The Ordway Story
For over 30 years, the Ordway has been telling stories that exemplify the human experience. Our stage has been a dramatic canvas for artists to create worlds of love and loss, hope and despair, war and peace, victory and defeat. Audiences have met iconic characters and embarked on exhilarating adventures.
For over 30 years, we’ve told every story except our own.
The Ordway Story
The Ordway believes that the arts belong to us all. Art is not precious or exclusive. It is not defined by objective views or by the status quo. It has the power to bring communities together and challenges us to view the world in new ways.
From self-produced musical productions that give talented local artists their time in the spotlight, to a Music & Movement Series that celebrates cultural traditions from around the world, the Ordway is committed to uniting the Twin Cities through artistic expression.
Inside the Ordway
The Ordway houses a 1,900 seat Music Theater; two large rehearsal halls, and magnificent lobbies, including the second floor Target Atrium; a spacious, two story lobby encircled by a glass facade. In the spring of 2013, construction began on the 1,100 seat Concert Hall that would replace the McKnight Theatre. Construction was completed in the spring of 2015.
The Ordway, recognized as one of the U.S.’s leading not-for-profit performing arts centers, presents and produces a wide variety of performances throughout the year that encompass the finest in American Musical Theater, concerts, dance, and vocal artists. In addition, each year the Ordway presents its Flint Hills Family Festival and serves over 60,000 children and adults through its Ordway Education programs.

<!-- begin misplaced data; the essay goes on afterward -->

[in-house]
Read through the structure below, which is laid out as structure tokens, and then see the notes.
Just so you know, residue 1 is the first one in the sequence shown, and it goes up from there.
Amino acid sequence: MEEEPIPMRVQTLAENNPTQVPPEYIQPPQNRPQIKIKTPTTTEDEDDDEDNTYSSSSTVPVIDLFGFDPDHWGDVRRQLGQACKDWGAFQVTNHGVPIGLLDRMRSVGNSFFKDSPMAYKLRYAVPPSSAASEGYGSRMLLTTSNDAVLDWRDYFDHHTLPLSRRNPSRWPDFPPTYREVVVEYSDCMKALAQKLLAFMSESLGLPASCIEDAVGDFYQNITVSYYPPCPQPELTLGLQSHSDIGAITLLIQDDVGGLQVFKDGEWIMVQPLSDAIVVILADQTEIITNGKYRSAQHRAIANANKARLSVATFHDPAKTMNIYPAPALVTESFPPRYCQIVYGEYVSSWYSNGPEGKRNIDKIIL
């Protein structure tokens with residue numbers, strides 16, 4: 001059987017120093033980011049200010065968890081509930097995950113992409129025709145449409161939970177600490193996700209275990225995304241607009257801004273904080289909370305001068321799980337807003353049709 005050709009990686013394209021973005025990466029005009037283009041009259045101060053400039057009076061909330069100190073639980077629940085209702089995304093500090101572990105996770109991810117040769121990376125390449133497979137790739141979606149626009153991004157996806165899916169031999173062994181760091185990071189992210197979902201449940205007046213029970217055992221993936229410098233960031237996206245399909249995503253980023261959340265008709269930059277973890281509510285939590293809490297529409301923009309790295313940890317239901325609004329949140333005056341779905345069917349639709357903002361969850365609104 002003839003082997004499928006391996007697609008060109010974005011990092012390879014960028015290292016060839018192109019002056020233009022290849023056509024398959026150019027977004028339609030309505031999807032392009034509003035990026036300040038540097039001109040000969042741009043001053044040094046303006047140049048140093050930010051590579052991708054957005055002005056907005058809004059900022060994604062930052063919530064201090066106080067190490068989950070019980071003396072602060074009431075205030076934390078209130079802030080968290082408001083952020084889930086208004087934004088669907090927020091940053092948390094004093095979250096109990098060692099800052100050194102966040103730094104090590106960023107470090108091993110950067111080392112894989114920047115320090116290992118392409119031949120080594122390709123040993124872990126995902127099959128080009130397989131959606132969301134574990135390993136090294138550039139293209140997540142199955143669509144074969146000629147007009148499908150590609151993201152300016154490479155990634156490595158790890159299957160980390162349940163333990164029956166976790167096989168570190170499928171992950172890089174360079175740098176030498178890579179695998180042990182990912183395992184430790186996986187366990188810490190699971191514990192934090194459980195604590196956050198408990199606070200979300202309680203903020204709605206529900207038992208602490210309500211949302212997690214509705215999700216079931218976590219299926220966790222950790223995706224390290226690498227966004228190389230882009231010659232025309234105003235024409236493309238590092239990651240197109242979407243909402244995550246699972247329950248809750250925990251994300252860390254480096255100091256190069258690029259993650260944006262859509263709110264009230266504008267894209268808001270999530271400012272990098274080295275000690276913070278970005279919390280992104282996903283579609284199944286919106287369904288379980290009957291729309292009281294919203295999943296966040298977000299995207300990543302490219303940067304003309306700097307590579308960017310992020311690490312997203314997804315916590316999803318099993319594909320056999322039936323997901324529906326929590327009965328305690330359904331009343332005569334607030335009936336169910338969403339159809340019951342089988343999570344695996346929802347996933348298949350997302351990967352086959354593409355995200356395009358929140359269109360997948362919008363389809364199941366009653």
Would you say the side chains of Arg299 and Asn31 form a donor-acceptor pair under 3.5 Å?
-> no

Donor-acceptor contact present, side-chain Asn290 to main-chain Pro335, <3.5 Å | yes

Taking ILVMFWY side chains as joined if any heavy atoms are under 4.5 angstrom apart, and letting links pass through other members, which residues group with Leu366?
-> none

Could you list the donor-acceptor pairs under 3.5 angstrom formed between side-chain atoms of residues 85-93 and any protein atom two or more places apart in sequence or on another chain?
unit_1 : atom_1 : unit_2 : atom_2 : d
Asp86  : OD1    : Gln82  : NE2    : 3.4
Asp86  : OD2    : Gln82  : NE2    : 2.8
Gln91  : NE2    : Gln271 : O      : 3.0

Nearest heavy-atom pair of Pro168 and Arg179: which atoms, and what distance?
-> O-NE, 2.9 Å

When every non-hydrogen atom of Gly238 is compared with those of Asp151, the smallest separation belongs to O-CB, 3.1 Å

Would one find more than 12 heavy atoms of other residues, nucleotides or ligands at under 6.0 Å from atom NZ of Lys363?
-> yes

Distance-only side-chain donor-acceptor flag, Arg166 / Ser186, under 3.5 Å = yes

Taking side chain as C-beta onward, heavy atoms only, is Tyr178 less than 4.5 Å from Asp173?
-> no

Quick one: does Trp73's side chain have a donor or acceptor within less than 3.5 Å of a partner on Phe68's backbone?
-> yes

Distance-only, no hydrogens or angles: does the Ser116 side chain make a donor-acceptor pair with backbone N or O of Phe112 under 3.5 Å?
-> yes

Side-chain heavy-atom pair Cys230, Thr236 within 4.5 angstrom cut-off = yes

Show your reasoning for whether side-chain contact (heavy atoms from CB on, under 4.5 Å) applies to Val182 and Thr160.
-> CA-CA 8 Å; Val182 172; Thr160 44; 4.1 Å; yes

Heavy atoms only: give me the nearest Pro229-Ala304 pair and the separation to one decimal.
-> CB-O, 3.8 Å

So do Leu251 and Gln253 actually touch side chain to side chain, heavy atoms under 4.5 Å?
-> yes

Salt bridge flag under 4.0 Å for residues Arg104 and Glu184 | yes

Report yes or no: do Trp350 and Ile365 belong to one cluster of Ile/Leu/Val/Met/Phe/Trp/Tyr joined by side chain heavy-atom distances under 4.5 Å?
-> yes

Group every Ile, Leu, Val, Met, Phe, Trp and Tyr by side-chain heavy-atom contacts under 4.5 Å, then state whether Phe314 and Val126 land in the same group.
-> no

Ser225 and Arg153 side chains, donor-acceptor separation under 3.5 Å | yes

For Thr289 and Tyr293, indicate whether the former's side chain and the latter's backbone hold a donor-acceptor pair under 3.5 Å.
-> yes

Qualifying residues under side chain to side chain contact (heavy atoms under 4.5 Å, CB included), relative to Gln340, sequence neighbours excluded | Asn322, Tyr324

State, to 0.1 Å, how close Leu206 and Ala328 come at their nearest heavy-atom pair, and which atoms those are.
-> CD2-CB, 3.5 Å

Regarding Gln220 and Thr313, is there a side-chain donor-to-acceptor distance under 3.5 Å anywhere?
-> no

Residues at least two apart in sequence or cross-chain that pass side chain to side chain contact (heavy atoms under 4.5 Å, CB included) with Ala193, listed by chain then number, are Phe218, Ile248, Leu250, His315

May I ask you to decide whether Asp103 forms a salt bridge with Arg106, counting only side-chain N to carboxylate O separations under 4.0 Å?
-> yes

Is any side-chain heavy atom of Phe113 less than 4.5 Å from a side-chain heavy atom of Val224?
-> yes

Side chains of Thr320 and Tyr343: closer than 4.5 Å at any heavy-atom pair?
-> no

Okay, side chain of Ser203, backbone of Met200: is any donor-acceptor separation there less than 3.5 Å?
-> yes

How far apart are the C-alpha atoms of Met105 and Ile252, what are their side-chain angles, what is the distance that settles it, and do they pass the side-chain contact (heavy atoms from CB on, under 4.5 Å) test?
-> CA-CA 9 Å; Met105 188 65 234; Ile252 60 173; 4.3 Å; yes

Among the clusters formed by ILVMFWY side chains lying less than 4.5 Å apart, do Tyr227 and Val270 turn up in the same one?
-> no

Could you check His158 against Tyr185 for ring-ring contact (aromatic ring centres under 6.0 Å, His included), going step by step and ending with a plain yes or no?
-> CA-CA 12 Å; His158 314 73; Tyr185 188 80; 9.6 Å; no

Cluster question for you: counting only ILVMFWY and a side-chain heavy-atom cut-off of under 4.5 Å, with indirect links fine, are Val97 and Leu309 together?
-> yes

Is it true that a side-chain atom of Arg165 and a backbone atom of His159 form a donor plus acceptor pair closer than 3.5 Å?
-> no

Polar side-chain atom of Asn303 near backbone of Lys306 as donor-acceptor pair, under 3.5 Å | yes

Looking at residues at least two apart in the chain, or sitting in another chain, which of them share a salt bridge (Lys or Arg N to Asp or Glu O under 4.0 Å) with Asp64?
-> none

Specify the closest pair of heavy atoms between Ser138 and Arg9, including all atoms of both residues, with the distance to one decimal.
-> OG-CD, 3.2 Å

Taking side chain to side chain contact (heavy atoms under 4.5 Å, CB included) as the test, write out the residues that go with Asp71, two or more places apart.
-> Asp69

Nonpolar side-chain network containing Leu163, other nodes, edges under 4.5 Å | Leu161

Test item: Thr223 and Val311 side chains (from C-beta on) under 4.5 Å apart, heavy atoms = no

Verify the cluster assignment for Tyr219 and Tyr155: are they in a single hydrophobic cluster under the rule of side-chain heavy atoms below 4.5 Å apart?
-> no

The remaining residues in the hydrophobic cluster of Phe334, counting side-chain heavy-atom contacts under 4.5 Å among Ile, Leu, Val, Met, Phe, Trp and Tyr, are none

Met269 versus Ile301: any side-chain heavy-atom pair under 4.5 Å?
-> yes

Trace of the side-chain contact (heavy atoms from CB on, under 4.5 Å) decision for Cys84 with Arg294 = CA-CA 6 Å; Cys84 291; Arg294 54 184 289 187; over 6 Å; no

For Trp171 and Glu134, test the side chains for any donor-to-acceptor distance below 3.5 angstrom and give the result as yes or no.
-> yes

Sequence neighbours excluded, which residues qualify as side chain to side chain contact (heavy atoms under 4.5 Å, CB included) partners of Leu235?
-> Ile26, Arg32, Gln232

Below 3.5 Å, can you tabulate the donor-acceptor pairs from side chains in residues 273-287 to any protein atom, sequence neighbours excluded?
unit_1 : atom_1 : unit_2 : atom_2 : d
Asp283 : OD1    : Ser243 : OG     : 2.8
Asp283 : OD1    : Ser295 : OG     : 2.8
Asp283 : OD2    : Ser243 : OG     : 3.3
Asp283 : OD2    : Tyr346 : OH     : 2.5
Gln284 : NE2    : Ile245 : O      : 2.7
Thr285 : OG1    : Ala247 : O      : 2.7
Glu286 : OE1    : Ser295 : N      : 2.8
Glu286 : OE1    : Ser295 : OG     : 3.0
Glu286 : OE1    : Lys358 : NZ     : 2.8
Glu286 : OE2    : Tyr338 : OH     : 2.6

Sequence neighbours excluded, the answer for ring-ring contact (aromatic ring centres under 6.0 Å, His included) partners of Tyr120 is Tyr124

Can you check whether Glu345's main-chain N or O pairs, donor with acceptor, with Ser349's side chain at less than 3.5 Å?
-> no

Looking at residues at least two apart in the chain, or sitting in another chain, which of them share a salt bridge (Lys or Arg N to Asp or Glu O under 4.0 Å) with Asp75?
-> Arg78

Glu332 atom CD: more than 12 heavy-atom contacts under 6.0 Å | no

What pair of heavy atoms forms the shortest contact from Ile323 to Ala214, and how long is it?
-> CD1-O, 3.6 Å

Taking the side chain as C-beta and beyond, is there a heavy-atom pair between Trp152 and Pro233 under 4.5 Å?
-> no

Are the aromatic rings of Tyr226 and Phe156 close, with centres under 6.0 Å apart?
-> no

Origins of the Ordway “Eyebrow”
Have you seen that little, pointed arch perched atop our logo? It’s affectionately referred to as “the Eyebrow” here at the Ordway. At first glance, it might not look like anything in particular, but if you look a little closer, you’ll notice that it was pulled directly from the iconic outline of the Ordway’s exterior.
The Eyebrow is a modern representation of an arts institution that has striven to bring people and the arts closer together.
Sally Ordway Irvine
In 1980, Sally Ordway Irvine challenged her community to help create a performing arts venue in which her dream of offering “everything from opera to the Russian circus” could be realized. She set an example by making the first donation to a fund that eventually built Ordway Center for the Performing Arts.
By the time the $46 million center opened to the public on January 1, 1985, Sally had contributed $7.5 million—and her family had matched that amount. Certainly, Sally’s vision is alive today as the Ordway, Minnesota’s Premier Performing Arts Center®, presents a dizzying schedule of theater, dance, music, family events, and educational programs.